As a means to identify and characterize proteins important for inner ear function, we immunized mice with emulsified chicken inner ear sensory epithelia that had been briefly exposed to a dilute aldehyde fixative. We generated a panel of 400 wells containing hybridoma cells. Supernatants from these wells were initially screened by ELISA on a chicken inner ear homogenate. Cells from the wells that gave a positive signal by ELISA were subsequently expanded and screened by immunohistochemistry on frozen sections of chicken utricles. Using this approach, 40 antibodies were isolated that recognized proteins in specific cell types of the inner ear. Of these, four antibodies were further characterized: two IgG2b antibodies bound specifically to supporting cells (data not shown), one IgM antibody bound to the cuticular plate of the hair cell (data not shown), and one IgG2a antibody bound to an antigen specifically found in the hair cell soma. This latter antibody was named the HCS-1 antibody.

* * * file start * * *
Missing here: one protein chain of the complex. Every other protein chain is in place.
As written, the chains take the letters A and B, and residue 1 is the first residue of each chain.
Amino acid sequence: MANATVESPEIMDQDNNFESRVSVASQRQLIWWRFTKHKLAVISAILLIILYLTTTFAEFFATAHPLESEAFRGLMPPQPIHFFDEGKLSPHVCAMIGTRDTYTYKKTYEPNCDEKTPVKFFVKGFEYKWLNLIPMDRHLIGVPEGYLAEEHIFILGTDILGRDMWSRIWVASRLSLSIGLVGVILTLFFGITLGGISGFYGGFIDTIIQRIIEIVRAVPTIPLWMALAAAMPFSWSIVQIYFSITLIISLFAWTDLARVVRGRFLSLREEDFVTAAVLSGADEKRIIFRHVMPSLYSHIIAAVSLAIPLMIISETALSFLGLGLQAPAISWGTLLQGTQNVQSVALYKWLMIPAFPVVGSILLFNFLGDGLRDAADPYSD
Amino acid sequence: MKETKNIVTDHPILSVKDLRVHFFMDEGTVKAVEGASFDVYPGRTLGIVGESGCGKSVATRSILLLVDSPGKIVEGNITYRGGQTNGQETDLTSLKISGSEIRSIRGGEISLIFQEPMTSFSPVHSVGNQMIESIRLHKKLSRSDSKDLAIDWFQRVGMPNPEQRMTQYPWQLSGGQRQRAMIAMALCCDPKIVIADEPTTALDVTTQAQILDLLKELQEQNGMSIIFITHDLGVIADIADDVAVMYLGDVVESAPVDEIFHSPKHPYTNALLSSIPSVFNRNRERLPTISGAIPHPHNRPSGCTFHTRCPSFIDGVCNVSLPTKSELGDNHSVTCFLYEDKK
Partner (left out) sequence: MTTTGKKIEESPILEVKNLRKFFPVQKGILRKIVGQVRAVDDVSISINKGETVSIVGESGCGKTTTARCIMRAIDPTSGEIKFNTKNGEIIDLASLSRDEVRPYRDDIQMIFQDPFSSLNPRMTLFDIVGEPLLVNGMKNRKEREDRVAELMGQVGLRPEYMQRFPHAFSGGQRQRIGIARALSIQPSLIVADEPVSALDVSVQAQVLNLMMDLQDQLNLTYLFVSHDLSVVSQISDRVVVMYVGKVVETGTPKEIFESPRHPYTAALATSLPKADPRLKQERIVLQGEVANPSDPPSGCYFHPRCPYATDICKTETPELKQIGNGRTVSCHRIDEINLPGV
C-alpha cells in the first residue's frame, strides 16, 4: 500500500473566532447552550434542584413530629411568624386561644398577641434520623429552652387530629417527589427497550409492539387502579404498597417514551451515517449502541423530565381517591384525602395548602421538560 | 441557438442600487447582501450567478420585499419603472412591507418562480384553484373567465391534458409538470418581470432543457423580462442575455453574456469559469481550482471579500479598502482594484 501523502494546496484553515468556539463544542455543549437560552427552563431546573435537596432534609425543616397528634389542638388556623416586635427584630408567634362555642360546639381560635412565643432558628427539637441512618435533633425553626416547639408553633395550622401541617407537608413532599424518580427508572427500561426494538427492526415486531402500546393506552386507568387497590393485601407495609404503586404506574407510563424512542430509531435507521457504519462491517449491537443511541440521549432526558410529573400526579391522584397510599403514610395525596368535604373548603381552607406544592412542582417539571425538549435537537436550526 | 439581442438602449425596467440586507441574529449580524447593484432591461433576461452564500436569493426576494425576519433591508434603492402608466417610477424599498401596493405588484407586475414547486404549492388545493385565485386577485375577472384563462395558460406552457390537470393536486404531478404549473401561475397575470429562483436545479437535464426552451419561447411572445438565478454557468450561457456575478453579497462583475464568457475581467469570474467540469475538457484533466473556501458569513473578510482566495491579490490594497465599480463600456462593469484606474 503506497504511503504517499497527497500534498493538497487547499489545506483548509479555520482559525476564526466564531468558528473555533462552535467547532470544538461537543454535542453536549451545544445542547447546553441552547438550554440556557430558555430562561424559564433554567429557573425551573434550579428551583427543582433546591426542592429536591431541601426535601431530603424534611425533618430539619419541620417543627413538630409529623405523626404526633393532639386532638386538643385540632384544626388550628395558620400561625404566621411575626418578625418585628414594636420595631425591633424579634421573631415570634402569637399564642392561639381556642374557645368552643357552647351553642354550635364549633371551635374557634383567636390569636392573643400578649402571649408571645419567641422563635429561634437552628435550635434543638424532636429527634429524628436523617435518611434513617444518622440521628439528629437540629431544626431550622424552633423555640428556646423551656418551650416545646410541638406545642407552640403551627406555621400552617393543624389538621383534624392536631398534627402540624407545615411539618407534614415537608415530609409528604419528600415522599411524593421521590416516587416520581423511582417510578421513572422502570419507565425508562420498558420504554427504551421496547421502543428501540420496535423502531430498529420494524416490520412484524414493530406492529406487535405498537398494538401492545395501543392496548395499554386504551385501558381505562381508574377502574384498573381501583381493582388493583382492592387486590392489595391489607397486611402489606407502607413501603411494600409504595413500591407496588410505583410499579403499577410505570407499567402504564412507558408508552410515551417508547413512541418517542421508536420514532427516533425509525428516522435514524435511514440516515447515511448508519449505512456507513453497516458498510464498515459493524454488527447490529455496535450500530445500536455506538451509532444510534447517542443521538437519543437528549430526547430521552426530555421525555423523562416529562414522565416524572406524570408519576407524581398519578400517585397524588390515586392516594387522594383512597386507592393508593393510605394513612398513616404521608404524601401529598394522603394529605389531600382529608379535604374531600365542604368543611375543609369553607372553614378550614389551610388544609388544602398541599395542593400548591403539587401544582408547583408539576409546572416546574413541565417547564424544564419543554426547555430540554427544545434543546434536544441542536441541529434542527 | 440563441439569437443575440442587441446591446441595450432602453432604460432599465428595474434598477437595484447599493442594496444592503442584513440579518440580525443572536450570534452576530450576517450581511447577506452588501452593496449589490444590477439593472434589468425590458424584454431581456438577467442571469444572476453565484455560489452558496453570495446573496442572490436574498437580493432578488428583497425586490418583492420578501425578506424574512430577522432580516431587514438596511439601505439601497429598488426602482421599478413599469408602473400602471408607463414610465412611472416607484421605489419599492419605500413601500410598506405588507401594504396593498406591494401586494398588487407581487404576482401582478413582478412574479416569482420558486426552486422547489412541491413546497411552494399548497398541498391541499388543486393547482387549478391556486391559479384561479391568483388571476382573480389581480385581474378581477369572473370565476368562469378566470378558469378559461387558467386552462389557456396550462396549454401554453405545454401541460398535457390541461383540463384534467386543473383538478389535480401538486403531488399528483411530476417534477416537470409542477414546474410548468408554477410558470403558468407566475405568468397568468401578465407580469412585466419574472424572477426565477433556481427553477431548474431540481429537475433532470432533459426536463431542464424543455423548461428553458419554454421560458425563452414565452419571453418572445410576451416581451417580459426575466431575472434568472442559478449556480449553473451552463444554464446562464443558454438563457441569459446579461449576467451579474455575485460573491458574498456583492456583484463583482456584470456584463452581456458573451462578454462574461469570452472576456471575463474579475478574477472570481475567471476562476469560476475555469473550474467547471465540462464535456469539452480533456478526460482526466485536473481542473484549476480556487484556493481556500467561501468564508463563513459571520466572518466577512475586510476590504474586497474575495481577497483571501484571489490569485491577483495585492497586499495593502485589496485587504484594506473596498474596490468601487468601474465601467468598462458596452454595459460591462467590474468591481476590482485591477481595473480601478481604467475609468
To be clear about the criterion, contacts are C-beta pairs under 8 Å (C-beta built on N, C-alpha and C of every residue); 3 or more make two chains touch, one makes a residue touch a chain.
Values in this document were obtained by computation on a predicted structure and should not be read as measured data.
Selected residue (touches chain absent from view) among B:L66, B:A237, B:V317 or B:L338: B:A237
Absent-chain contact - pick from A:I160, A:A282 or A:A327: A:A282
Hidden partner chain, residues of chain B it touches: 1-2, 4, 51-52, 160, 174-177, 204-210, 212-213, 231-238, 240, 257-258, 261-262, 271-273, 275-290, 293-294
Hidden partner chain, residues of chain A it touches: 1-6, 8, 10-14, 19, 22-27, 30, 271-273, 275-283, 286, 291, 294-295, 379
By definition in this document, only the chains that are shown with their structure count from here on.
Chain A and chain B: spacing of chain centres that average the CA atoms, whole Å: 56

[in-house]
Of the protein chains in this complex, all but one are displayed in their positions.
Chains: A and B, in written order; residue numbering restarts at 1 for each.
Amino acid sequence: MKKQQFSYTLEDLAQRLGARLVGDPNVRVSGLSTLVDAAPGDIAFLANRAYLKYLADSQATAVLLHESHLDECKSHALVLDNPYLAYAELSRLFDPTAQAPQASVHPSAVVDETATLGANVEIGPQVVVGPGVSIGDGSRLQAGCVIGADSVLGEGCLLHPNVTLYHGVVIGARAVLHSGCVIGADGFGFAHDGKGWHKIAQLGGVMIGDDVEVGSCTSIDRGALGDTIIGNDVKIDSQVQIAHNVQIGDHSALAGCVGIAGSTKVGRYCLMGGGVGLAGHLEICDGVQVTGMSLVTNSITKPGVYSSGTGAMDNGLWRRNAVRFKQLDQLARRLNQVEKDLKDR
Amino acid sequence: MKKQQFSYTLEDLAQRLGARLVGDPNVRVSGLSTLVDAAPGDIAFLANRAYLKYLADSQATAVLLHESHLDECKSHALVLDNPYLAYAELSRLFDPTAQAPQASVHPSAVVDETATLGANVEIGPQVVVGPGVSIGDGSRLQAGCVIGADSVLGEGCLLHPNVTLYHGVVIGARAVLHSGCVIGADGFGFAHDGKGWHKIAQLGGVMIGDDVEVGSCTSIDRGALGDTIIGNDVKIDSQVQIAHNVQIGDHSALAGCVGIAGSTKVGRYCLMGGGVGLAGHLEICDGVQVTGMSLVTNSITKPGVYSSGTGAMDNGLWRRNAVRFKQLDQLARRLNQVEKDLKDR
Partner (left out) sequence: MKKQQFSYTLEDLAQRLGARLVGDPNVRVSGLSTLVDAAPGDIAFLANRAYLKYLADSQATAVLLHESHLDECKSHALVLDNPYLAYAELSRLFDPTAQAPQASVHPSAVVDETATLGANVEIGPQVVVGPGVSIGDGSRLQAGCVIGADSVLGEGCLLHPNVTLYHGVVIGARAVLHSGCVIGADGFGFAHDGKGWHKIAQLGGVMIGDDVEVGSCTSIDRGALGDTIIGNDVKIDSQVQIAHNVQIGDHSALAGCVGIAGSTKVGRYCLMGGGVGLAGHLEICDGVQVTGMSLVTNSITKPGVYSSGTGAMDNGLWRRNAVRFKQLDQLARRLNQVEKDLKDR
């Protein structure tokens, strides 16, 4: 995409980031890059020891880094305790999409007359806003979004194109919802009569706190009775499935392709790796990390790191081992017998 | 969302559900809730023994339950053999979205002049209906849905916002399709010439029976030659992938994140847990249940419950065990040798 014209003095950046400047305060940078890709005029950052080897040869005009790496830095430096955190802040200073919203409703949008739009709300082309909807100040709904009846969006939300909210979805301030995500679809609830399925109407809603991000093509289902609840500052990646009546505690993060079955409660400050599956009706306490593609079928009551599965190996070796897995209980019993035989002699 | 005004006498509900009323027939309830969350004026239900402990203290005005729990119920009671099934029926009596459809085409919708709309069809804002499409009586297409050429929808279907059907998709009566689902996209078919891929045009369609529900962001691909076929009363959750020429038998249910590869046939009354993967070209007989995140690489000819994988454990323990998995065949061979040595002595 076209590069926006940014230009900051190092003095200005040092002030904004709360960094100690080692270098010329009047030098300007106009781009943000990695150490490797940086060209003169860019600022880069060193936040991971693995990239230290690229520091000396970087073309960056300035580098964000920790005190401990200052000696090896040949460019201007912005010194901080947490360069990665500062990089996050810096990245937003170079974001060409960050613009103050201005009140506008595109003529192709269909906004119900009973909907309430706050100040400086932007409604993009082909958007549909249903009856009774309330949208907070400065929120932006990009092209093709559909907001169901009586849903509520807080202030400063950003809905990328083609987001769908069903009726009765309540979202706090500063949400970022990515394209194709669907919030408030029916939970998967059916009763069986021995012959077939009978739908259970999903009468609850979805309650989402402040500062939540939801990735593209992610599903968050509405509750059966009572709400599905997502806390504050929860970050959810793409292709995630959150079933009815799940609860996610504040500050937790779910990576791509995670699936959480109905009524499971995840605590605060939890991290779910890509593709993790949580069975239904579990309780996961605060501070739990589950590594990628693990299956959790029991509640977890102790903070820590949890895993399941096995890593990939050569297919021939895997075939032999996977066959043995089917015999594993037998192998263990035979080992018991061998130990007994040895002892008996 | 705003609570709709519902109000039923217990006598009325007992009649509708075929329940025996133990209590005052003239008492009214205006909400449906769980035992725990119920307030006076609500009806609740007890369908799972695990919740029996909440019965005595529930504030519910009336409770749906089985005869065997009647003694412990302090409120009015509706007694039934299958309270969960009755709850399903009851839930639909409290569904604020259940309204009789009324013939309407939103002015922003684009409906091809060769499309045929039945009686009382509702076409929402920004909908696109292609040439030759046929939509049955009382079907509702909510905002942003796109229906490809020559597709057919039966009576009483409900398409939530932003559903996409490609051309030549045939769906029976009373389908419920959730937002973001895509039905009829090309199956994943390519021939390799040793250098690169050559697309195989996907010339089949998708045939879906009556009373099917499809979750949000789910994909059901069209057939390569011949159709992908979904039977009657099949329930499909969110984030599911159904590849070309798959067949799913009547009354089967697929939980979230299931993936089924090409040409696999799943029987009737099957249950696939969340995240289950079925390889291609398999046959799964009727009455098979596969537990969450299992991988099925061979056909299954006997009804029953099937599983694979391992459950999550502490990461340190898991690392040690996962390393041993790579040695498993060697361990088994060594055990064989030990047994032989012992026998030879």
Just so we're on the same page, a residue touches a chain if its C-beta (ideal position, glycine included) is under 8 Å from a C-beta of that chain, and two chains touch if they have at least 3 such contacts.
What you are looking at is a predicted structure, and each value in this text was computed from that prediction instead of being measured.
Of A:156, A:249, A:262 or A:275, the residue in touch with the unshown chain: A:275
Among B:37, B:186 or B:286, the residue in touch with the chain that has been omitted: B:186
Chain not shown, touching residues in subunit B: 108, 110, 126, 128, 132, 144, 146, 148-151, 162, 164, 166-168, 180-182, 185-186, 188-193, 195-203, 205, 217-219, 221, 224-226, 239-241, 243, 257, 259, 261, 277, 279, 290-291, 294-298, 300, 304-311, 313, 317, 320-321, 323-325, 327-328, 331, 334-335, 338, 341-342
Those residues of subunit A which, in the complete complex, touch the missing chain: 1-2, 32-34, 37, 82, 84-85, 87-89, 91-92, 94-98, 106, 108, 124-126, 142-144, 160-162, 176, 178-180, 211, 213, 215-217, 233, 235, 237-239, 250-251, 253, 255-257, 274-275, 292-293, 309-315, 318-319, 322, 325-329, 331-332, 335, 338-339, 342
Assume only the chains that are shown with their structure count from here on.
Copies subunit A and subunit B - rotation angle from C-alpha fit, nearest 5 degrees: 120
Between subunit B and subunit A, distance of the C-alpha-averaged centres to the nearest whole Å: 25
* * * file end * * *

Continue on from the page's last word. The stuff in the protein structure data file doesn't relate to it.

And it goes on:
The specific localization of the HCS-1 antigen to the soma of utricular hair cells (Fig. 1A) led us to further examine its expression in other hair cell containing end organs in a variety of species. In the chicken, the HCS-1 antigen was present in all hair cells of the basilar papilla (Fig. 1B and data not shown) and other hair cell containing end organs (data not shown). In the inner ear of the guinea pig (Fig. 1C, D) and gerbil (not shown), the HCS-1 antigen was present in the inner hair cells of the cochlea, but not in the outer hair cells, and was detectable at low levels in the vestibular hair cells of the maculae. In addition, the HCS-1 antigen was present in the utricular, saccular, and lateral line hair cells in zebrafish (Fig. 1E); in the utricular and saccular hair cells of the dogfish (Fig. 1F and data not shown); and in the saccular hair cells of the bullfrog (Fig. 1G). This mAb does not detect denatured protein on immunoblots (data not shown) suggesting that it recognizes a conformation-dependent epitope.